Education and news for smart DIY landlords!
If there is one thing that tenants often complain about, that is noise. Barking dogs, loud music, and any disturbing sound in the middle of the night. People, in general, want to live peacefully and with that, they prefer rental apartments that are quiet. Does your property have that amenity?
Tenants have the right to quiet enjoyment. A rental that's noisy increases tenant turnover. You don't want that. The best way to deal with noise is to prevent it right from the start. Also, you should be able to handle noise complaints when they happen.
In this blog post, we share six helpful tips.
Your lease is a powerful tool that anticipates and prevents problems during the rental period. Set a policy "quiet hours" that requires everyone to avoid causing too much noise. There must be no loud music and blasting television. Tenants should also limit the number of guests who will enter the unit.
Have a conversation with potential tenants on the issue of noise. If a tenant happens to be a night owl, advise him to use his headphones when listening to music or having a conversation with others. That way, he doesn't disturb sleeping tenants. Let all tenants know in advance about daily noises they'll anticipate such as morning trash pick-up.
One of the best skills you should possess as a landlord is listening. Listen to what a tenant says about the noise. Listening in person will also help you get a good idea where the noise is coming from. Also, make it easy for tenants to contact you, and address their complaints in a timely manner.
It's not proper to attack the person responsible for the noise immediately. A tenant may be completely unaware of his behavior. Strike a casual conversation. Take a stronger action only when necessary.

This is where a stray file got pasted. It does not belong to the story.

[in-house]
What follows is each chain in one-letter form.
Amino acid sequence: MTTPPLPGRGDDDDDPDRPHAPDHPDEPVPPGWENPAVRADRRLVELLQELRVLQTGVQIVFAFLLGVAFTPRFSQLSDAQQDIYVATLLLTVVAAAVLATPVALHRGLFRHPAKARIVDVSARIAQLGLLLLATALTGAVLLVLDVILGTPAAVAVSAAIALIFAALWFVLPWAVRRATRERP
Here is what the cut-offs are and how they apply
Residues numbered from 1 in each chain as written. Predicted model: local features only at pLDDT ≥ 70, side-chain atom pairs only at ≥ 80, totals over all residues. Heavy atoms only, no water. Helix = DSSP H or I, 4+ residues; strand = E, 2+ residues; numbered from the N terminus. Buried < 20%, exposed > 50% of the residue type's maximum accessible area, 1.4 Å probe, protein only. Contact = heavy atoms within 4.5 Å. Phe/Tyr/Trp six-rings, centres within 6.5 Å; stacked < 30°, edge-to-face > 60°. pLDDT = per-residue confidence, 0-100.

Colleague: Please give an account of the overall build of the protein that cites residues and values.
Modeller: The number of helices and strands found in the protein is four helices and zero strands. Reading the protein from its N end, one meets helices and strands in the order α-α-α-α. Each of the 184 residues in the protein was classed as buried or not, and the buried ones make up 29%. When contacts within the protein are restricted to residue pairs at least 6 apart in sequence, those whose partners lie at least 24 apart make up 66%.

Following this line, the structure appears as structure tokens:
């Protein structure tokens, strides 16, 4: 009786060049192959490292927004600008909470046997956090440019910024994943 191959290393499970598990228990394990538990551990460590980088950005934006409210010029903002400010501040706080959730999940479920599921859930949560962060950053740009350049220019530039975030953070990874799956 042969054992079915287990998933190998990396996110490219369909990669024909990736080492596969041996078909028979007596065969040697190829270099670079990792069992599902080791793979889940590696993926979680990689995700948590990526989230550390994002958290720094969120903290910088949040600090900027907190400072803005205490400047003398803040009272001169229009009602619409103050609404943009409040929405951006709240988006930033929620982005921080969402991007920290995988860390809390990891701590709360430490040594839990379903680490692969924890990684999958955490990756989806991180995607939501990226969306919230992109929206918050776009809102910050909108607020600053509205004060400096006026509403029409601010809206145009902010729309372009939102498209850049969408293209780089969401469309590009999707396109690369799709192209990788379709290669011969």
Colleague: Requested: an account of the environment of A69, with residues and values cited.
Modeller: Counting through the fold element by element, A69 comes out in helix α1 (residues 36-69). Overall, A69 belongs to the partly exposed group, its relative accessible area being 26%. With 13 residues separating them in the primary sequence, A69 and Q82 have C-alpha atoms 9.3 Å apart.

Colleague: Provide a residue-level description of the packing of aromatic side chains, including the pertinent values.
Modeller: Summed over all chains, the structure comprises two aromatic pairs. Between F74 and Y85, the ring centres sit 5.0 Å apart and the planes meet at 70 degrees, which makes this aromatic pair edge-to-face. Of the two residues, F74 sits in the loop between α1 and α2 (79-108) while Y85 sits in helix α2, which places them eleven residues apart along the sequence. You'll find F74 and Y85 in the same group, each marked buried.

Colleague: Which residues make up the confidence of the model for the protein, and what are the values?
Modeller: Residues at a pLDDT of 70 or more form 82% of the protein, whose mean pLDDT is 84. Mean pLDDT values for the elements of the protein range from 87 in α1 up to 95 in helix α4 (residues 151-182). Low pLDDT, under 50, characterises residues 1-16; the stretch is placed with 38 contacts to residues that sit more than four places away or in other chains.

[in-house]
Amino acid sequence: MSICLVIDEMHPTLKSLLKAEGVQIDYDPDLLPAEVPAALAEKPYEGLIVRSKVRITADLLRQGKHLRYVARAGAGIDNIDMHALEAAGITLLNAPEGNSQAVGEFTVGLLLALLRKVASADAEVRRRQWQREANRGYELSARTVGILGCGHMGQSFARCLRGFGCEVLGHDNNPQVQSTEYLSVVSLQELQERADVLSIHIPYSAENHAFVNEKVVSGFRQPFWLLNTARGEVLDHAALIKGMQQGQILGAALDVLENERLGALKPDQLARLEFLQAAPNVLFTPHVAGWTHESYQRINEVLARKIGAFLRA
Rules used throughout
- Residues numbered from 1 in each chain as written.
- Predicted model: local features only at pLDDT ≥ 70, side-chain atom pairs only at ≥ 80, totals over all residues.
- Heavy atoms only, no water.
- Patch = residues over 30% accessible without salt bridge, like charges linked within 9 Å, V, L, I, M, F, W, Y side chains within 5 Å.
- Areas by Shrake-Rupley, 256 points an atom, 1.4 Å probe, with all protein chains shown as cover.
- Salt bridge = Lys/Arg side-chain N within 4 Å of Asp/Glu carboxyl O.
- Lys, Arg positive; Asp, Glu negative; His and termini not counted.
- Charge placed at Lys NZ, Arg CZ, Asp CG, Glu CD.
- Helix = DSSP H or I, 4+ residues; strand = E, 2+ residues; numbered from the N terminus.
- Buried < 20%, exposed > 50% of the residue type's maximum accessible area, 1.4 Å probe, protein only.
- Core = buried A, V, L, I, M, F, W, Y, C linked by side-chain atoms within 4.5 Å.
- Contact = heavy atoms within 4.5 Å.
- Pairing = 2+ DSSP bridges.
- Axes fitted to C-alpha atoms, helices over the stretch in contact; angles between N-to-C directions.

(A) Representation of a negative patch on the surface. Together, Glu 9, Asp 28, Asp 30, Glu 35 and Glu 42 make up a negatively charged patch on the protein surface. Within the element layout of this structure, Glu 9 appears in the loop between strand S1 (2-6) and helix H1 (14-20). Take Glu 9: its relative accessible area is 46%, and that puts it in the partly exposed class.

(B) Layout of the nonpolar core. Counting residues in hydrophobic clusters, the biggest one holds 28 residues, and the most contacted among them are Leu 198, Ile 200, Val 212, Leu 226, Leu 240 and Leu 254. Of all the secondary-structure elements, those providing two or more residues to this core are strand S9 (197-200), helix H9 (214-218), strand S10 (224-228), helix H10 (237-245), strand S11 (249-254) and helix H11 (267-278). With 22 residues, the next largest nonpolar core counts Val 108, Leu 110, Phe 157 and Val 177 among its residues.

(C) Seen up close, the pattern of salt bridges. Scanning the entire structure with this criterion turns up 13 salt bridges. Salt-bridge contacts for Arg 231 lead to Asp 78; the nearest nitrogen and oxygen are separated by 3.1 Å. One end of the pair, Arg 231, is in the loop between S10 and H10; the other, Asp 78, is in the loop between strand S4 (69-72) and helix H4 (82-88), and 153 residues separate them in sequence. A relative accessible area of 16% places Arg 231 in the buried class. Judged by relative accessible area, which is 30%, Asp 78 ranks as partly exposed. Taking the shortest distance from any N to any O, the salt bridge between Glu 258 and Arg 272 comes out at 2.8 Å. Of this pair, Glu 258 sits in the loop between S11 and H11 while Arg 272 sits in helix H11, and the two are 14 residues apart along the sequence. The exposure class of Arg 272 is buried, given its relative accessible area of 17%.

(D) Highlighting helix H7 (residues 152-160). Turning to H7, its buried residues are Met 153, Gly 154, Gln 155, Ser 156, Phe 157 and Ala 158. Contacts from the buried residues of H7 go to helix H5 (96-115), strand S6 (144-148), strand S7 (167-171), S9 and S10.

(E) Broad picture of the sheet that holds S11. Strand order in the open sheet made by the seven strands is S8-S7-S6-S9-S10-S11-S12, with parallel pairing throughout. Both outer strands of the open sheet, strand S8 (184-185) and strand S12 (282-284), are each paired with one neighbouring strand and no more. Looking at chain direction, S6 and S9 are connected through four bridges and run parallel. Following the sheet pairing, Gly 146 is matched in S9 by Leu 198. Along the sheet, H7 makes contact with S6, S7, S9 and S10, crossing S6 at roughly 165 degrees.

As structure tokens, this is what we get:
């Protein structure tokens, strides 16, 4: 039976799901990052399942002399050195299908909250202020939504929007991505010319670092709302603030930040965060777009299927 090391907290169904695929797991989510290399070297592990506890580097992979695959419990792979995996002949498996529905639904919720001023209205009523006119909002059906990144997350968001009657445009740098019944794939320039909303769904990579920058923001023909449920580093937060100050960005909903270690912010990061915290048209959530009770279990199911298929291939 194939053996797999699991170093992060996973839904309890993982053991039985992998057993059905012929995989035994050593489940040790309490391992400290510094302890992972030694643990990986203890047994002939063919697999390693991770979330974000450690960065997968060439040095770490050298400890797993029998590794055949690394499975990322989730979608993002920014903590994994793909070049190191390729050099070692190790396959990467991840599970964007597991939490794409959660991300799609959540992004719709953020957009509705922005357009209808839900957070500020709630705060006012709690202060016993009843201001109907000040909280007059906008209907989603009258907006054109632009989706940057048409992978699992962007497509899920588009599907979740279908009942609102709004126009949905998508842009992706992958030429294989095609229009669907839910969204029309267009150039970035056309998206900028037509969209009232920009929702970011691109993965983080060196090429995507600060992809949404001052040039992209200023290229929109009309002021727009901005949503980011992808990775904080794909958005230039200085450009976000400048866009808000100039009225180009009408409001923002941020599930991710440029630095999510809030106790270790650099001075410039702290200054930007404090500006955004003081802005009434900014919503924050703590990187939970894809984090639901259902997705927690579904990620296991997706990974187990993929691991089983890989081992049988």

Some tenants are overly sensitive to noise and may have trouble adjusting to your rental setting (if it's near the bus station or in a busy place). You might want to ask a previous landlord if the tenant applicant often complained about noise. If you encounter these tenant applicants, consider offering an out.
The worst thing that you can do is to make the situation worse between the person who caused the noise and the complainant. Remain calm and never encourage a confrontation. Maintain peace. Don't let the tenants solve the problem themselves and don't hand it over to the police. As a proactive landlord, try to stop an argument before it starts. Document everything.
If you’re ready, make Landlord Prep your go-to resource for landlording education. Here, we offer a complete DIY landlording course to get you on the right track. Join our academy today. If you want, you can check out Flavia’s real estate investing webinar first!